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This eBook from the Gutenberg Project consists of approximately 258 pages of information about A People's Man.

Maraton shrugged his shoulders.

“Let them come in,” he directed.

CHAPTER XXIV

The three men—­Peter Dale, Abraham Weavel and Graveling filed into the room a little solemnly.  Maraton shook hands with the two former, but Graveling, who kept his head turned away from Julia, affected not to notice Maraton’s friendly overtures.

“So you managed it all right,” Peter Dale remarked.  “Pretty close fit, wasn’t it?”

“Seven hundred,” Maraton replied.  “Not so bad, considering.  You see, I was a complete stranger and I am not sure that I have learnt the knack yet of that sort of platform speaking.”

“However that may be,” Abraham Weavel declared, accepting a cigar from the box which Maraton had ordered, and standing with his hands underneath his coat-tails upon the hearthrug, “you’ve done the trick.  You’re an M.P., same as we are.”

“You’ve no objection, I hope?” Maraton remarked lightly.

“That’s as may be,” Mr. Weavel observed sententiously.  “We don’t, so to speak, know exactly where we are just at this moment.  There’s all sorts of rumours going about, and we want them cleared up.  Go on, Dale, ask him the first question.  You’re spokesman, you know.”

Mr. Peter Dale threw away the match with which he had just lit his pipe, sampled the whiskey and water to which he had helped himself with a most liberal hand, and deliberately selected the most comfortable chair within reach.  With his hands in his trousers pockets, the thumbs protruding, his pipe in the left-hand corner of his mouth, his eyebrows drawn close together, he looked steadfastly towards Maraton.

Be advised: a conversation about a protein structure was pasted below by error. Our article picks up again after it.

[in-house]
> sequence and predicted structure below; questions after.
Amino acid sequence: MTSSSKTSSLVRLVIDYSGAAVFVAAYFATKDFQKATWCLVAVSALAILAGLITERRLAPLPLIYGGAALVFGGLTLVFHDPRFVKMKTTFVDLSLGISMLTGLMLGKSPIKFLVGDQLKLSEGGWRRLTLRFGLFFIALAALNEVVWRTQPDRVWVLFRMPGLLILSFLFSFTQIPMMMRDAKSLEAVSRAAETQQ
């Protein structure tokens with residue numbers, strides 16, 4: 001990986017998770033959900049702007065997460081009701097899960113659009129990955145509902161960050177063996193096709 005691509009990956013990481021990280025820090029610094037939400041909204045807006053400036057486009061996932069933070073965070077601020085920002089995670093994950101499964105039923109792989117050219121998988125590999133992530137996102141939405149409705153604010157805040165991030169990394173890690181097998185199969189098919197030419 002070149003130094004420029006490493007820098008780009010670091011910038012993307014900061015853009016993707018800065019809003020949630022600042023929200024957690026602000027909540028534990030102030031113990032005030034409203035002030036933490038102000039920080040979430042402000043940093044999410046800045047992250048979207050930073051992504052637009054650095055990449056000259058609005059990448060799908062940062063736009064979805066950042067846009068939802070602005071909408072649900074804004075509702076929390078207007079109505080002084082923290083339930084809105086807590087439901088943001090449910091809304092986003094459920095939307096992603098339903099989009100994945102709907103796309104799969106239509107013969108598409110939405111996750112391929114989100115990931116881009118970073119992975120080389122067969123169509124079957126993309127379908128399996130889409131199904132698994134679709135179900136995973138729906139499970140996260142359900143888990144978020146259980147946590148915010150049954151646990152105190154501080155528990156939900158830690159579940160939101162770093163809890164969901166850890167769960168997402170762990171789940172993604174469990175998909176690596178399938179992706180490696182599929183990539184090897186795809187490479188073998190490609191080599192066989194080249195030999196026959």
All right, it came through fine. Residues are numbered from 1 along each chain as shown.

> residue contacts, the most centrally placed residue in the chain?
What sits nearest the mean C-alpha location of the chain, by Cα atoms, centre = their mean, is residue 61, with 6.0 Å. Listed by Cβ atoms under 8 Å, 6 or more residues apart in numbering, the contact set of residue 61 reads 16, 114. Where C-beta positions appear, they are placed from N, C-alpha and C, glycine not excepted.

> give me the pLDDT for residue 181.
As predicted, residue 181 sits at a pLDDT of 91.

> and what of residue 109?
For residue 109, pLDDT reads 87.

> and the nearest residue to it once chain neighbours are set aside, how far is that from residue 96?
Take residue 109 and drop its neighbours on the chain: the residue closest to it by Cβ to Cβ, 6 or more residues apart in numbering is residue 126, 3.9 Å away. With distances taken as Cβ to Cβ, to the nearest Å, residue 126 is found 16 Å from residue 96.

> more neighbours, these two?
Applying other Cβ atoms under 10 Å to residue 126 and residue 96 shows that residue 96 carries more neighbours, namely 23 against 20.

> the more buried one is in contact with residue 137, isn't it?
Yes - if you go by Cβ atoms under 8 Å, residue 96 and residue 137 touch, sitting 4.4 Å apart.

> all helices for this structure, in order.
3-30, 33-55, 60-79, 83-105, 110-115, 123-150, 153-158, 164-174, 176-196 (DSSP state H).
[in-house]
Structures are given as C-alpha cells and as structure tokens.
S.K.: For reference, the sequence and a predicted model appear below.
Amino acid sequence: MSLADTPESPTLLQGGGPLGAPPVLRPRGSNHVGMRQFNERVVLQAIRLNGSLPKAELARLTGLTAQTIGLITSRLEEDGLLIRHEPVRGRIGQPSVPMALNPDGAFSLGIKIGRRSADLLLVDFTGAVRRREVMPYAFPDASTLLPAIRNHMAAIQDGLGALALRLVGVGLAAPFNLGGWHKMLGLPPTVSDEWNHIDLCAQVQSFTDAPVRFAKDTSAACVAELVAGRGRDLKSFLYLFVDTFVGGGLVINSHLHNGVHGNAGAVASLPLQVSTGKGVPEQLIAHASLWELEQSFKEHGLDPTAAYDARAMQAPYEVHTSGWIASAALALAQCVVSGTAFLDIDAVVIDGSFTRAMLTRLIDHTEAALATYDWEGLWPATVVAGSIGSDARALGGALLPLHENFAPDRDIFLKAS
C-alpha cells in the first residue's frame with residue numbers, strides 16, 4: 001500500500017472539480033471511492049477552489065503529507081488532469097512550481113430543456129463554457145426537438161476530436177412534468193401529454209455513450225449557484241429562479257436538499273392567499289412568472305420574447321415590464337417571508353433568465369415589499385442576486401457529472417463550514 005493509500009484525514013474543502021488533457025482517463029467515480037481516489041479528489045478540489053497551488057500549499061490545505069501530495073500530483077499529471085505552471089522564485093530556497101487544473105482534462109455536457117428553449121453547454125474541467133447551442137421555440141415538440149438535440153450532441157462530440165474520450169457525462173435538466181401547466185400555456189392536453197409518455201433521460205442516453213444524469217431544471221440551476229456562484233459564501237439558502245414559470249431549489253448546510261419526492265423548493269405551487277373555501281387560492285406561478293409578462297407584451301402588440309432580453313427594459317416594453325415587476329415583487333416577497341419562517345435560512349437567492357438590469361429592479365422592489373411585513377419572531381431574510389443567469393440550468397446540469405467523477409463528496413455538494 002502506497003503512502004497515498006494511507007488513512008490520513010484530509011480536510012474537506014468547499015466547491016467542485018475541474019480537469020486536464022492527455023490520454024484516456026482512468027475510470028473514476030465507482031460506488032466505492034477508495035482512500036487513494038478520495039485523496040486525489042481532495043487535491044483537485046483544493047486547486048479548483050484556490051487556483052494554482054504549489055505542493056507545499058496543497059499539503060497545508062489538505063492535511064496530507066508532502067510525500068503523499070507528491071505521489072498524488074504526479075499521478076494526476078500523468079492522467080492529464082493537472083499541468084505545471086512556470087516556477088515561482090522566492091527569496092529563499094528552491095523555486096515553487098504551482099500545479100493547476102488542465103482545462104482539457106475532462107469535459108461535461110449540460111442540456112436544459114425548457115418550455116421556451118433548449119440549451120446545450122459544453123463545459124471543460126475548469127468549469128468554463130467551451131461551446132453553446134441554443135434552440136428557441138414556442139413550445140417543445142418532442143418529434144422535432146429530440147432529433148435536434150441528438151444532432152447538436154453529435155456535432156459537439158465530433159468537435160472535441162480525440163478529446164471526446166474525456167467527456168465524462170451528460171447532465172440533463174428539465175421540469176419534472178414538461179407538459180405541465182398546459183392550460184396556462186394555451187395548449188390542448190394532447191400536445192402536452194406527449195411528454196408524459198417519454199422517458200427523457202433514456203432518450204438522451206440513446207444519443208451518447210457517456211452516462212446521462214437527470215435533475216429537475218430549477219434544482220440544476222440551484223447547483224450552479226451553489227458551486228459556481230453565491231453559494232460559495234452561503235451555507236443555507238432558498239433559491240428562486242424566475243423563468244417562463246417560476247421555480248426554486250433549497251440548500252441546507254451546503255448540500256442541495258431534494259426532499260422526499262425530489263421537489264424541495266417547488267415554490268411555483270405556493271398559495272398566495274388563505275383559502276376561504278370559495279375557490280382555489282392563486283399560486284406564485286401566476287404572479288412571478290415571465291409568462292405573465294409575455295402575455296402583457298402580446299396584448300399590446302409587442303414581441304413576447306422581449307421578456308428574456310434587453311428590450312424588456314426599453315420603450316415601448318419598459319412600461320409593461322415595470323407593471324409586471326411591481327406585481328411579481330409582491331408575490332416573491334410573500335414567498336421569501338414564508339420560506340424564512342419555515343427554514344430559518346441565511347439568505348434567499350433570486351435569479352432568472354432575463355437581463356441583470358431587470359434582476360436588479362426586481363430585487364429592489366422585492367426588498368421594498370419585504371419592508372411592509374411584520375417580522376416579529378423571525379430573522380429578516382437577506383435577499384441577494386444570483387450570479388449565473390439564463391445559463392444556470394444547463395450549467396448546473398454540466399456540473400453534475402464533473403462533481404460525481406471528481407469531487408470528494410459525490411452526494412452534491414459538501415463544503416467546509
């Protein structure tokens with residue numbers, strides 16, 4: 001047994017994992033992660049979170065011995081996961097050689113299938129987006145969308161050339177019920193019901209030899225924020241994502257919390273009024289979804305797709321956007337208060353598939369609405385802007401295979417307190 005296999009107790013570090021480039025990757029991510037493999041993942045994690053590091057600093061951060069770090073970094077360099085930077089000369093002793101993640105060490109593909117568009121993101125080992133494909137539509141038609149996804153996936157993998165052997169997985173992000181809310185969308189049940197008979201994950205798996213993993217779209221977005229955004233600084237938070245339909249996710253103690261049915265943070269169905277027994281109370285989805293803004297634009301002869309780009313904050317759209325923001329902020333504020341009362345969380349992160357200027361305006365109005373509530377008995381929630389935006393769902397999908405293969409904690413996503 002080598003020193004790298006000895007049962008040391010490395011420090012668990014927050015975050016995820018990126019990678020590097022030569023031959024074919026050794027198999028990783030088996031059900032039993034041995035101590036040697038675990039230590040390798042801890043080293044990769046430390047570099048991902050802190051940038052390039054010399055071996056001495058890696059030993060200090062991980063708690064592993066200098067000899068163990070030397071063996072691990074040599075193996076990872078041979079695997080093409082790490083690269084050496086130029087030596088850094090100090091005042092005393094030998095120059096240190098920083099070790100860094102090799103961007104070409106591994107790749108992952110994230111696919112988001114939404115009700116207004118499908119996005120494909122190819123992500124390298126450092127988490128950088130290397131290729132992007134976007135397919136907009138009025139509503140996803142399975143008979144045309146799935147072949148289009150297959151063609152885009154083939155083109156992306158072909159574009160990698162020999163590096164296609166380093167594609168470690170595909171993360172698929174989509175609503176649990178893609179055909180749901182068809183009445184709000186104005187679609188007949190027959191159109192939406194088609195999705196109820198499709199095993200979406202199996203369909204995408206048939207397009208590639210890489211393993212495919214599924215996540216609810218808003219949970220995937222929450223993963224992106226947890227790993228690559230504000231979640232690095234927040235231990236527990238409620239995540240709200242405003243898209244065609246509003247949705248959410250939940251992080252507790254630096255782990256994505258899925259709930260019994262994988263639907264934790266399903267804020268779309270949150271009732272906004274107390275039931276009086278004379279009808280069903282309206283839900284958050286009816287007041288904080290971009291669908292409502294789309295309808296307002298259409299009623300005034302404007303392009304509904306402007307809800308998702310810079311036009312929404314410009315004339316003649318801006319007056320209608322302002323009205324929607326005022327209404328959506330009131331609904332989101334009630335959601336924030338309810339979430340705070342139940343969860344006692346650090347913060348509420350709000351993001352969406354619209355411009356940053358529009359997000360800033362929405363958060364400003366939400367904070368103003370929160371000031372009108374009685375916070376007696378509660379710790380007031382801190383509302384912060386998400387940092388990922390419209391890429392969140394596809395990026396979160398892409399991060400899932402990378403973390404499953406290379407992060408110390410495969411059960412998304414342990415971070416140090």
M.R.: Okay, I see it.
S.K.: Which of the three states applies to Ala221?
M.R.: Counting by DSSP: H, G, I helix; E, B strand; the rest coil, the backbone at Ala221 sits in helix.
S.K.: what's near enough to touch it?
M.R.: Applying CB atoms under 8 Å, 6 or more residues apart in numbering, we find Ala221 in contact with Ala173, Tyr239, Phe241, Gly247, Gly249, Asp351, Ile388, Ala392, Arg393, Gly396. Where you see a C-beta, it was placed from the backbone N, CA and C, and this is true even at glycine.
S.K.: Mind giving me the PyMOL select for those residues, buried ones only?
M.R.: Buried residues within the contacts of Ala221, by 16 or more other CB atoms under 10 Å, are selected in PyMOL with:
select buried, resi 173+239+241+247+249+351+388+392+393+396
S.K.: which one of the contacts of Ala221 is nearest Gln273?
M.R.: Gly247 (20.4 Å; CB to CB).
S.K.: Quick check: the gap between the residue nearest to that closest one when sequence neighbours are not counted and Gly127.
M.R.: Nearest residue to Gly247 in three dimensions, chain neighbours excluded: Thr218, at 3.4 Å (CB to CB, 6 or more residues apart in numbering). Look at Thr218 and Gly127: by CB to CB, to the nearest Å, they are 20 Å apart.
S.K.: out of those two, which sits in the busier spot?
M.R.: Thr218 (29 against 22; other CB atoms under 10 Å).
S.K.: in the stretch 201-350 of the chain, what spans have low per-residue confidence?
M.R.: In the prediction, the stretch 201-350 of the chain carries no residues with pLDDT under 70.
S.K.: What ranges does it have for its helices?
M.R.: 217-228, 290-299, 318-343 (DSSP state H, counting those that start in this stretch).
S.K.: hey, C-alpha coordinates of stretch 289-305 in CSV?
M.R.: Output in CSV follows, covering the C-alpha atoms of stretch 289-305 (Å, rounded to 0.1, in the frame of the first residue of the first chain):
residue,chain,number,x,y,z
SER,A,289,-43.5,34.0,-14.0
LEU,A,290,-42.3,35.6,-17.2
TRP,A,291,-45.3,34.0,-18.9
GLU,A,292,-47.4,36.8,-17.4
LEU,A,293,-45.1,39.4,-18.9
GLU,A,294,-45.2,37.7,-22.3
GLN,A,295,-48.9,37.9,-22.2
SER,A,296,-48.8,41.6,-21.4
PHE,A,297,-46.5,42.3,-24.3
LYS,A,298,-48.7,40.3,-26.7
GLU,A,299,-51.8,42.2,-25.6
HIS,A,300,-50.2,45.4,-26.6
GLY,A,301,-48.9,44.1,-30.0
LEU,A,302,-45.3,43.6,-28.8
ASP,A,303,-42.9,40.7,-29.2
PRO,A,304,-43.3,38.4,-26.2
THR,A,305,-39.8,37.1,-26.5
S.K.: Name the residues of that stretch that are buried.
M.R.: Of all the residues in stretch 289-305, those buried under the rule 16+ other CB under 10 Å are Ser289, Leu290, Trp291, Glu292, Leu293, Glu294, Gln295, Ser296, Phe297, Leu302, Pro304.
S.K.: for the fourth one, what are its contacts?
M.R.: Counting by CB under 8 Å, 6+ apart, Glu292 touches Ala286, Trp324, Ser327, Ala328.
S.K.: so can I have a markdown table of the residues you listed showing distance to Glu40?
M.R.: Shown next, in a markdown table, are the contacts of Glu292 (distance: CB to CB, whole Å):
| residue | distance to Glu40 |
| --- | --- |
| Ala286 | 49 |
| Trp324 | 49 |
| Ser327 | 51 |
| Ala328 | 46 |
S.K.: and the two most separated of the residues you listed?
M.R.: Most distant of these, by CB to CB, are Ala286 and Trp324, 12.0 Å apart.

“The first question,” he began stolidly, “is this.  You owe your seat in Parliament to the Unionists.  What have you promised them in return?  You haven’t attempted to commit us to anything, I hope?”

“Certainly not,” Maraton replied.  “Such an idea never occurred to me.  So far as I know,” he went on, after a moment’s hesitation, “Mr. Foley is not, at the moment, in need of your support.  His majority is sufficient.”

Peter Dale frowned ominously.

“That may or may not be,” he remarked gruffly.  “So long as you haven’t taken it upon yourself to pledge us to anything, well, that disposes of question number one.  The next is, where are you going to sit in the House?”

Maraton’s eyebrows were slightly raised.

“Where am I going to sit?” he repeated.  “Remember, if you please, that as a member I have never been inside your House of Commons.  I am not acquainted with its procedure.  Where, in your opinion, ought I to sit?”

“Your place is with us,” Peter Dale declared.  “I can’t see that there’s any doubt about that.”

“And why?”

“You’re a Labour man, aren’t you?” Peter Dale asked.  “You call yourself one, anyway.

“If I am a Labour man,” Maraton said, “why did you put up a candidate to oppose me at Nottingham?”

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